BOOK REVIEW : A Novel Doomed by Its Own Pace
ONE TRUE THING by Greg Matthews Grove Weidenfeld $18.95, 306 pages
“One True Thing” is about the weirdness of Middle America, at least I hope that’s what it’s about. It’s also about the nature of longing and yearning and about how desperately difficult it can be to fulfill even the most minimal ambition. You can also tab this as a flawed novel, since it’s full of signs and symbols that lend the narrative a portentousness that never pans out. Alternately, you can label Greg Matthews as an author doomed to be misunderstood by his critics. (Or at least this critic.)
Here is the story: Out on the plains of Kansas in the somewhat faraway past (“the unexciting months that followed Hiroshima”), a war veteran named Lowell Kootz comes home with a burning vision for the betterment of his town, Callisto, Kan.: a new motel, called the Thunderbird, a circle of concrete tepees with a big concrete tepee in the middle, and an 80-foot concrete totem pole, crackling with neon, outside, beckoning to drivers on the interstate.
Lowell gets his dream, marries a waitress--to the chagrin of respectable folk in the town of Callisto--and has a son named Ray. Lowell soon turns to womanizing and drink, and manages to kill himself off in a car accident. Ray, desperately lonely, lives with his mom in the big concrete tepee; joins a gun club, seduces a sad girl, then drops her, then watches his best friend go off to war. (Is the pace too fast here? In the novel, decades go by in a paragraph, which may indeed be the nature of the reality the author is trying to mirror, but leaves the reader leafing back through the pages to keep everything in order.)
All Ray wants is love, and a family. He never wants to leave Callisto, Kan., and never does; he wants no more of a career than managing the Thunderbird Motel, and that’s all the career he gets. His wife-to-be rides by (with a son from a previous marriage) and Ray rouses himself enough to slash her tires, so that he will have time with her to mount a courtship. . . .
So Ray and Holly get married. Ray and his stepson, Milo, never get along. Ray and Holly have a kid of their own, Kevin, but Ray’s wife fools around, because that’s just the way she is, and about two-thirds of the way through the novel, a bizarre and grotesque death occurs, and the narrative turns to devil worship, cocaine dealing, snuff movies, and the possibility of redemption by the love of a good woman. (Meanwhile, Ray Kootz is still back behind the desk of the lobby of the Thunderbird, checking customers in and signing them out; sinking into hopelessness and coming up for a breath of hope every once in a while.)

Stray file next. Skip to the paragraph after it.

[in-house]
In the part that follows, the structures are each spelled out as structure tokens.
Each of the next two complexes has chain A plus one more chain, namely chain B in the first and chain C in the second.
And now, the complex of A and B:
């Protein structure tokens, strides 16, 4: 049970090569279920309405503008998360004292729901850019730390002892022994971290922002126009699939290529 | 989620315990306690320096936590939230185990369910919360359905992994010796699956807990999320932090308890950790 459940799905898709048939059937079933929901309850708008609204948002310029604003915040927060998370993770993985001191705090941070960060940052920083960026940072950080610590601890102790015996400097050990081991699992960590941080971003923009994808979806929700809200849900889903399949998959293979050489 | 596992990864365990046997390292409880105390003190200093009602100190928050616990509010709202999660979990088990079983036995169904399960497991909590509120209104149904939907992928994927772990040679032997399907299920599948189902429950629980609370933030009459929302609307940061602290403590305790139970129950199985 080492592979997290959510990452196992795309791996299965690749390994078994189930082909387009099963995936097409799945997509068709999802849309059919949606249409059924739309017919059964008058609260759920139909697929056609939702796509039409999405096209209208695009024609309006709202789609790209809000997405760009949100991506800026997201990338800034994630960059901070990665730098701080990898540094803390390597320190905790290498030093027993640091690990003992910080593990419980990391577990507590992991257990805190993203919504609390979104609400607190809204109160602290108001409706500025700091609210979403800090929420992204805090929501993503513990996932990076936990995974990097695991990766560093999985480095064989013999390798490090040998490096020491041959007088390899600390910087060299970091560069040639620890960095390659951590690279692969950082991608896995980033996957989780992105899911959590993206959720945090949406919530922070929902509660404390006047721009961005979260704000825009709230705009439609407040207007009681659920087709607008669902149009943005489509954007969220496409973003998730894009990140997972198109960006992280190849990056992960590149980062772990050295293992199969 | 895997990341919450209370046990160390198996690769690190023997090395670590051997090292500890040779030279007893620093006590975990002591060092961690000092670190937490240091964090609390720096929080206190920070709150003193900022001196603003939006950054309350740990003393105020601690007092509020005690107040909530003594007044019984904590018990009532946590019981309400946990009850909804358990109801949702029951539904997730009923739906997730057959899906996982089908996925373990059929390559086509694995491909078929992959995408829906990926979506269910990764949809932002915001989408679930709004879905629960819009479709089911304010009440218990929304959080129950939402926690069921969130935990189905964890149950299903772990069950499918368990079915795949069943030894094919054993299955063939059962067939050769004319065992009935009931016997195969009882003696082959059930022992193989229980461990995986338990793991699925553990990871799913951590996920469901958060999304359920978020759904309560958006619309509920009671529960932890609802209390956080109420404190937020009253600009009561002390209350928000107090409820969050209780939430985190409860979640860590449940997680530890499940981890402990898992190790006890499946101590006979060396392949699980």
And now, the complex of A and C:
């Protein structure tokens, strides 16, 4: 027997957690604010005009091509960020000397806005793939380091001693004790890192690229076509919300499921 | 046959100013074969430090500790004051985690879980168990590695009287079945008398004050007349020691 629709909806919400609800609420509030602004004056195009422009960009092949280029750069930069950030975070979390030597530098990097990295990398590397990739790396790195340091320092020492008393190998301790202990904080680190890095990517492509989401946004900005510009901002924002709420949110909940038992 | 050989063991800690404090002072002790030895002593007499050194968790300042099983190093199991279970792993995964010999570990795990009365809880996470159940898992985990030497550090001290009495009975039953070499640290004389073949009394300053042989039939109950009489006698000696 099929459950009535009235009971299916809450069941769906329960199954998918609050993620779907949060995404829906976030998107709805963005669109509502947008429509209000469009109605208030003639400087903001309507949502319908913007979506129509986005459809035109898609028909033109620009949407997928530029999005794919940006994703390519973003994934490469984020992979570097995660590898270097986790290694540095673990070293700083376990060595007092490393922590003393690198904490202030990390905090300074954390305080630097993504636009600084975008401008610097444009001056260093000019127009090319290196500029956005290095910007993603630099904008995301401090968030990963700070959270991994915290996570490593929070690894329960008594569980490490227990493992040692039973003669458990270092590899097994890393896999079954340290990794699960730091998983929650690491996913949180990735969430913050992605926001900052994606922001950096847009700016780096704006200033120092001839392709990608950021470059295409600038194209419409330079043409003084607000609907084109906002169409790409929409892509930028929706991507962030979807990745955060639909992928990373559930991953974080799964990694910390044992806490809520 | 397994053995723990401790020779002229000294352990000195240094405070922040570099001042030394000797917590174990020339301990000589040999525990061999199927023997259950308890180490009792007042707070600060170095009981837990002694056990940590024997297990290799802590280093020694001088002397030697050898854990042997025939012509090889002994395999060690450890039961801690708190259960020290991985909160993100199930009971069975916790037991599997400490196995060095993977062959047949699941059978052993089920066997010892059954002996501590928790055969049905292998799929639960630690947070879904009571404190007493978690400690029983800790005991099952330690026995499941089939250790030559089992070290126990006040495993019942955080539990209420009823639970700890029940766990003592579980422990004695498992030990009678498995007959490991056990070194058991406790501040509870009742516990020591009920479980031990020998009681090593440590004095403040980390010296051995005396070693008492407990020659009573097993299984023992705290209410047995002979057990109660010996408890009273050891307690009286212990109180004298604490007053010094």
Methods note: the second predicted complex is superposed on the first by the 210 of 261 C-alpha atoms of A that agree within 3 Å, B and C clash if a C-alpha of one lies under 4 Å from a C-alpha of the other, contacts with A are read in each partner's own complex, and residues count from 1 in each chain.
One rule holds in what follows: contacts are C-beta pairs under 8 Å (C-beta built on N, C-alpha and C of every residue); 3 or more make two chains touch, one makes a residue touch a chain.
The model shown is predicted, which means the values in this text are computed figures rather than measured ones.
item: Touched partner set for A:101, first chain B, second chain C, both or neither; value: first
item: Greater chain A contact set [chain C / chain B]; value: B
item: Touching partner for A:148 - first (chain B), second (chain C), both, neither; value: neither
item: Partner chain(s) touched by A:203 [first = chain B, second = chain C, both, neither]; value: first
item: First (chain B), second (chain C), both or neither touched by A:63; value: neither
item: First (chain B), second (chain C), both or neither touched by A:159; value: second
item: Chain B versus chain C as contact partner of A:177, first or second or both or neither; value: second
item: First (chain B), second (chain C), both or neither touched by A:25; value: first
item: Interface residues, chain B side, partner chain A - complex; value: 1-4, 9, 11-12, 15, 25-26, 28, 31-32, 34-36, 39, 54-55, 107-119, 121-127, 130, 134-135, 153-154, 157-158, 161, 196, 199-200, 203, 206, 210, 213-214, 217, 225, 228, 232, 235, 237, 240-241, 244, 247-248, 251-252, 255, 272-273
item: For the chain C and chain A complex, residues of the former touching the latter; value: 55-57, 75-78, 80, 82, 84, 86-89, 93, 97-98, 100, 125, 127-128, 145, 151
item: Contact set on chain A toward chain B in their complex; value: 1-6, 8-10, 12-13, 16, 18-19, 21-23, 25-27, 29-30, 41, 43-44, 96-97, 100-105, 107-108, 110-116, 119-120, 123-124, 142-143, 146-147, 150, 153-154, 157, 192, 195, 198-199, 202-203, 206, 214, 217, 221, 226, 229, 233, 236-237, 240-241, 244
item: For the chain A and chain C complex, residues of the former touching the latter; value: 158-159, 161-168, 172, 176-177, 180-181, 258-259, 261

‘One True Thing” is a very interesting novel, and the author has set himself an ambitious assignment. Surely “literature” in this country must remember and immortalize all the Ray Kootzes of this world: If we call Kansas our “Heartland,” that must be where the American heart is. And every human being must have a human soul, even if he or she is unable to articulate anything but the most ill-humored cliches. But other literary cliches also hold true here: How do you write about ill-tempered dumbbells and still hold the reader’s interest? How can we be made to care about the fate of Ray Kootz and his children? What is the “meaning” of the Thunderbird Motel, and why does Milo insist on four gold teeth? What’s the function of the snuff movie in the narrative? Finally, if the nature of Middle America has changed so violently since 1950, wouldn’t the author like to take a stab at saying why? It looks as if Greg Matthews started one novel and finished another. It happens sometimes. Or, this whole story went right over my head. God knows, that happens too.